Had an interesting thread come through on Spiceworks the other day that required some detective work with WMI. In the past, when I did WMI calls with vbScript I usually had to Google it and find someone else who’d done what I wanted to do and modify their script. But with Powershell you don’t have to dig through different blogs, or try to slog through the MSDN documentation, now you can just inspect the data and do it directly. Here’s what I did.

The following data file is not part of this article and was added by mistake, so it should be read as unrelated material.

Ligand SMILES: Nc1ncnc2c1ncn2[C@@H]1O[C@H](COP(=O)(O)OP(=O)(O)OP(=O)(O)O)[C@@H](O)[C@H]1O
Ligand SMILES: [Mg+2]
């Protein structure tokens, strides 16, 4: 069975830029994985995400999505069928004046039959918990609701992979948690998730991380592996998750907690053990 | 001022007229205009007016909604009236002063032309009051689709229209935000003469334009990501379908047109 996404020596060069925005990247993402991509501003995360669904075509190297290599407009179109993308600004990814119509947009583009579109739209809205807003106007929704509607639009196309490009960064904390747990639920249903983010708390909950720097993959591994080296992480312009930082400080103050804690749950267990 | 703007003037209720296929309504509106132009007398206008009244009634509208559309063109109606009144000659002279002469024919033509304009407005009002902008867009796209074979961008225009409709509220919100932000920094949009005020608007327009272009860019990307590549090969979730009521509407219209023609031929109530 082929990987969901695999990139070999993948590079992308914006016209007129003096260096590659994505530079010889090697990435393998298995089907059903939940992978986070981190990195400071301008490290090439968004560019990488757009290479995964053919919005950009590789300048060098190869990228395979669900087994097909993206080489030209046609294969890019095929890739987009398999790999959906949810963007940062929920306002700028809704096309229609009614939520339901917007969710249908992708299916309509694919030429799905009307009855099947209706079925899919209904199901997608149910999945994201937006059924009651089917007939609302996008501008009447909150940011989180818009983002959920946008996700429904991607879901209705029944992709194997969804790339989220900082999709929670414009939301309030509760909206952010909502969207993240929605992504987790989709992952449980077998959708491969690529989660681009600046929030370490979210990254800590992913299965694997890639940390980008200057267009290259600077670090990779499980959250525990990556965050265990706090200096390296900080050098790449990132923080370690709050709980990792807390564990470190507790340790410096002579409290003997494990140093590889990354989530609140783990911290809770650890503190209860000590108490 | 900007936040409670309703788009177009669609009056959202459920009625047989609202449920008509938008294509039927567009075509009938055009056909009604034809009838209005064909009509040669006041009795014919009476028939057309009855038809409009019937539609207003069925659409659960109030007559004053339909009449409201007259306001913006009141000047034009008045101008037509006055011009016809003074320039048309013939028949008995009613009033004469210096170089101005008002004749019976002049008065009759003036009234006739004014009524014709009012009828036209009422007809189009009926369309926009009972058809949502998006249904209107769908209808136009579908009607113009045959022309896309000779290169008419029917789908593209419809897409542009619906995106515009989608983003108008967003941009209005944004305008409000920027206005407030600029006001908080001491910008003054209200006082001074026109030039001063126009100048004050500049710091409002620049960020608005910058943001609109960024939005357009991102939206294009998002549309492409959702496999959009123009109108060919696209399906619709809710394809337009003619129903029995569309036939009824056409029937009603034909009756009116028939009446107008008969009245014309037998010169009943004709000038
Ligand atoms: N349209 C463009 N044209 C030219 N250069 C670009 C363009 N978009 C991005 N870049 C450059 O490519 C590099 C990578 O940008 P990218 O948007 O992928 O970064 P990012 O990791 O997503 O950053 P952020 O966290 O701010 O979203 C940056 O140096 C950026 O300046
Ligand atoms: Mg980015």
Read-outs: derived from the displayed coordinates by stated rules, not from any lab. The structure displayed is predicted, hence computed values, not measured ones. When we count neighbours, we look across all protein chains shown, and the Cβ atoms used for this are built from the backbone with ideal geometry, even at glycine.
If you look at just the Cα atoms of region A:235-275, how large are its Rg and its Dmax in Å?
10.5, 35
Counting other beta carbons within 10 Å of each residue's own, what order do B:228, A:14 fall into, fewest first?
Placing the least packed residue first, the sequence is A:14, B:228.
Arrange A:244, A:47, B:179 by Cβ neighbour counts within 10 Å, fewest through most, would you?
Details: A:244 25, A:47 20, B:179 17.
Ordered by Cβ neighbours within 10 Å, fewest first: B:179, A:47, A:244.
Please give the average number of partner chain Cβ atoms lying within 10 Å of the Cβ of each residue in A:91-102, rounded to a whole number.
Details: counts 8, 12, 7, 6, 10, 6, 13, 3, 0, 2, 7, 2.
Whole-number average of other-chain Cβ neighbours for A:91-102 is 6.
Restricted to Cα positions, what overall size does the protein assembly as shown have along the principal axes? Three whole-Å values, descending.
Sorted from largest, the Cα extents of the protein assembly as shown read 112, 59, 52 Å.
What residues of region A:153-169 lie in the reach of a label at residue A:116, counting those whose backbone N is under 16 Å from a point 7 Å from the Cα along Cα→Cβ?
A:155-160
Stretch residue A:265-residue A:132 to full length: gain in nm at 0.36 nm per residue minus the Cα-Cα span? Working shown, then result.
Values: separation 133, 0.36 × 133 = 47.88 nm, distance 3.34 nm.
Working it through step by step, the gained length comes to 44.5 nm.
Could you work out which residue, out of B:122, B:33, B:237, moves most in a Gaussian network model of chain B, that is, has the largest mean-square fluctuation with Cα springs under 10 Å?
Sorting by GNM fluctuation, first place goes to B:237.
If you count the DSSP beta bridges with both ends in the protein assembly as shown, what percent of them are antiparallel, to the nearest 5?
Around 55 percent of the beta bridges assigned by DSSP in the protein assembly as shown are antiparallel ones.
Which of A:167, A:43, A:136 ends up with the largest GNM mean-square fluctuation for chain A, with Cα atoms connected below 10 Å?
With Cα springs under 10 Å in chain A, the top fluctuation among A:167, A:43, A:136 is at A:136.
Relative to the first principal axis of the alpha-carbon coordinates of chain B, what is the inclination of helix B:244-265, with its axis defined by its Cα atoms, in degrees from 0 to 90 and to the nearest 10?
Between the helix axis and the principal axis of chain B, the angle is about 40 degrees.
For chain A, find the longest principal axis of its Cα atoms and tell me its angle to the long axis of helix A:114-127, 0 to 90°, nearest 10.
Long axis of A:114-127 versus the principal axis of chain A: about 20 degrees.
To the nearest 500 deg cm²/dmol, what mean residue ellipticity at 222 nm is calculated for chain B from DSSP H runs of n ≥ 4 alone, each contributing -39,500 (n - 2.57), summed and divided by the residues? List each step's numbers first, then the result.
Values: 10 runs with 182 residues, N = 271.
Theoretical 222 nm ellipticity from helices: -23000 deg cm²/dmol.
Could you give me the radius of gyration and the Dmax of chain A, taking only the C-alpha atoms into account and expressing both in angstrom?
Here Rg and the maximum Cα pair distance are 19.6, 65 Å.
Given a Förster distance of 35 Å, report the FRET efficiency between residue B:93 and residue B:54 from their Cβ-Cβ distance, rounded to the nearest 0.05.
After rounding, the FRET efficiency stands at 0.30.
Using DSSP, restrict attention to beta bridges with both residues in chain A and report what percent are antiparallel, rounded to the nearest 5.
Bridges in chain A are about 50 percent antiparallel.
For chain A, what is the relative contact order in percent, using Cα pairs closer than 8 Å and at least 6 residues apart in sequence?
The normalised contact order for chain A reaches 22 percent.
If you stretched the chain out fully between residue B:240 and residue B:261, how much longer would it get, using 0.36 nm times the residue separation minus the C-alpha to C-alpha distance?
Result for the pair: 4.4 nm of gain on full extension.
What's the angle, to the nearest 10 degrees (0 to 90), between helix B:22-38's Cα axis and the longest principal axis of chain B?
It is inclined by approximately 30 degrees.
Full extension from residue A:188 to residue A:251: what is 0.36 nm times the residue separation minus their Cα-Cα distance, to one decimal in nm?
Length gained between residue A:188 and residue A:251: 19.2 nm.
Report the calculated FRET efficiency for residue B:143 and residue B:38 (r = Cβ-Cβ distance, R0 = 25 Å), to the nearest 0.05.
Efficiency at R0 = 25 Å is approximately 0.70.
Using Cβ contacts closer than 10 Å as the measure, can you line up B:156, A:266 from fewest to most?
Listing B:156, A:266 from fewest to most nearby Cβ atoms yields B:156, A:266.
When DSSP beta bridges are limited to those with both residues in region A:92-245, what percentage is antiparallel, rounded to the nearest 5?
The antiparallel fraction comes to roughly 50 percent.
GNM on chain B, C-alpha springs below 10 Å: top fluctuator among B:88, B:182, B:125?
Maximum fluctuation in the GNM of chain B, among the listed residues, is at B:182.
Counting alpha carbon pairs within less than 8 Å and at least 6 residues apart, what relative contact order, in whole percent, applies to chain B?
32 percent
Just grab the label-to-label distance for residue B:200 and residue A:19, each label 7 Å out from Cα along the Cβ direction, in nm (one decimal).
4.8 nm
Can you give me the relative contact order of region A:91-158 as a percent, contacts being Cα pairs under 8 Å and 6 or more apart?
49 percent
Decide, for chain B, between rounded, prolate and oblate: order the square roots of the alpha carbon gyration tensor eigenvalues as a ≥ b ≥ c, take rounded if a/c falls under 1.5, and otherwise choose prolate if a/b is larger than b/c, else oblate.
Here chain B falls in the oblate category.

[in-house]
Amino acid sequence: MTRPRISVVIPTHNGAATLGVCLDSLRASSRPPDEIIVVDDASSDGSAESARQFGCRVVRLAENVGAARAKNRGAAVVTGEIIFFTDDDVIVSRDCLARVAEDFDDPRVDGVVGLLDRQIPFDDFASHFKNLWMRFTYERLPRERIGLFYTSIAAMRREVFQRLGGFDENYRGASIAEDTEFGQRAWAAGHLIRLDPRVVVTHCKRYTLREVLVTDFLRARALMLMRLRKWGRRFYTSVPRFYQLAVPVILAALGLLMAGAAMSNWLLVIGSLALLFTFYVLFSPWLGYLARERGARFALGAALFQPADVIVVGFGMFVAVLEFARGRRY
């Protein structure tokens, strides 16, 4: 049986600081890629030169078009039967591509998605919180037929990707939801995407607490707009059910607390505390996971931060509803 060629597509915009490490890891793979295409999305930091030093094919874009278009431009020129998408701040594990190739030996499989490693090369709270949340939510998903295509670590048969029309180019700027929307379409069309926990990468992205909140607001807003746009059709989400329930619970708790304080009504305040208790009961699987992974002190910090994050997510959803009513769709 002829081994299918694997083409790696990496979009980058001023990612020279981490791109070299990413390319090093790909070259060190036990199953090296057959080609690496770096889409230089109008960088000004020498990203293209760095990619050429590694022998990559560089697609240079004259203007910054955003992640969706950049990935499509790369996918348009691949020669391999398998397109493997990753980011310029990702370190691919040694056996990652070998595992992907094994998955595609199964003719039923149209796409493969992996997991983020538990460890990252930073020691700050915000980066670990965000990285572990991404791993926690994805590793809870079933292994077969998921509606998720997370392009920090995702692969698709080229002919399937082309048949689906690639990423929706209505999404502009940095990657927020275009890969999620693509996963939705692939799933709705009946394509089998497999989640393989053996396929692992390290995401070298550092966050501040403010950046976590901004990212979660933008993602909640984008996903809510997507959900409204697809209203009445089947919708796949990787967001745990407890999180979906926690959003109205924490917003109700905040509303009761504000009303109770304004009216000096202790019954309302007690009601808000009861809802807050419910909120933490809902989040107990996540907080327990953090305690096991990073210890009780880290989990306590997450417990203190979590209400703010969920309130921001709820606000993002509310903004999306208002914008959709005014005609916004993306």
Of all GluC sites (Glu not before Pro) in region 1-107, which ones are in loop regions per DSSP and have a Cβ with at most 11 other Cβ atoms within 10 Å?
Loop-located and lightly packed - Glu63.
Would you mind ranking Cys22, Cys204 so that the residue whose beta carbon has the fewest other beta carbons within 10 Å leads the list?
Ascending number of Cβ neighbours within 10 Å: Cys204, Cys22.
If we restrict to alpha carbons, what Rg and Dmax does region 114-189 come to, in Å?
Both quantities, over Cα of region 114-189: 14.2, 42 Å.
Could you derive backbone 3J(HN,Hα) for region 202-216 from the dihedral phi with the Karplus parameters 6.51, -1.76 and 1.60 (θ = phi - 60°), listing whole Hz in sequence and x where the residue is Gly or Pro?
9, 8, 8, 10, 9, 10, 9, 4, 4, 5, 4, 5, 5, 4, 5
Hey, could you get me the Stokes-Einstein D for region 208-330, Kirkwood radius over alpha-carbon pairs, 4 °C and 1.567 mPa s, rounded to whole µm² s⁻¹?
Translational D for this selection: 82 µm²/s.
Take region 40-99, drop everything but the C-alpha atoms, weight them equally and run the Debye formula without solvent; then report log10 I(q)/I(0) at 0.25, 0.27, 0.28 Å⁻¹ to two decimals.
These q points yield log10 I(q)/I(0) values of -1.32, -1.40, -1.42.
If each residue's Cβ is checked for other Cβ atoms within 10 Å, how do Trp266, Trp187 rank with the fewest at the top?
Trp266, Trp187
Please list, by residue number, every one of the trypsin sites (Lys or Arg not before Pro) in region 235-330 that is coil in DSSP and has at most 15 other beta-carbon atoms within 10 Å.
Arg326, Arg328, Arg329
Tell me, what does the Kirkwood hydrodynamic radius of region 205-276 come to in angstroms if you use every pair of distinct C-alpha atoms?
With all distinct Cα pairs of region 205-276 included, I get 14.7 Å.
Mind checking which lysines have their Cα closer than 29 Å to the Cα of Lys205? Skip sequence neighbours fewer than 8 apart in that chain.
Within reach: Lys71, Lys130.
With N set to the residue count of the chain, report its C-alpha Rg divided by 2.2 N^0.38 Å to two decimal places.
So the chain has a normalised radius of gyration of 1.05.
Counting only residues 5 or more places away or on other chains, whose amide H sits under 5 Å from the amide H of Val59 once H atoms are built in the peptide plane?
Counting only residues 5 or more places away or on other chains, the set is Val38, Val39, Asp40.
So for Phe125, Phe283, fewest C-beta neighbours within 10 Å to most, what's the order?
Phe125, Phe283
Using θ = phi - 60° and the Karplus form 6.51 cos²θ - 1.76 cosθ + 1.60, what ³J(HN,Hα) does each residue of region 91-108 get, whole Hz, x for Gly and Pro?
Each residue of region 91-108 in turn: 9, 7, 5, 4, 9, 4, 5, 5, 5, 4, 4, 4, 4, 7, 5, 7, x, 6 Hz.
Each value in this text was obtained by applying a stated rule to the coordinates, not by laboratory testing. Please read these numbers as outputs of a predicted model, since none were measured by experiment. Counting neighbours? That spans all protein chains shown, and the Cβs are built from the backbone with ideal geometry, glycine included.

In the IT world, Administrators love to debate which technology is better. Mac vs. PC, Android vs iOS, you name it we’ve argued over it. One that I’ve been seeing a lot of over the last few years is vbScript vs Powershell. As you probably know, I stayed in the vbScript world for quite a while because it was a safe, known haven that suited me. But then I came to Powershell, and learned how you can discover what’s going on in Powershell so easily. This started with using a great Integrated Scripting Environment (ISE) like PowerGUI or PowerShellPlus, but then I discovered a few other commands that helped me discover information about the objects I was working with. Specifically Get-Member. Read on to see how I recently used Get-Member to solve a problem.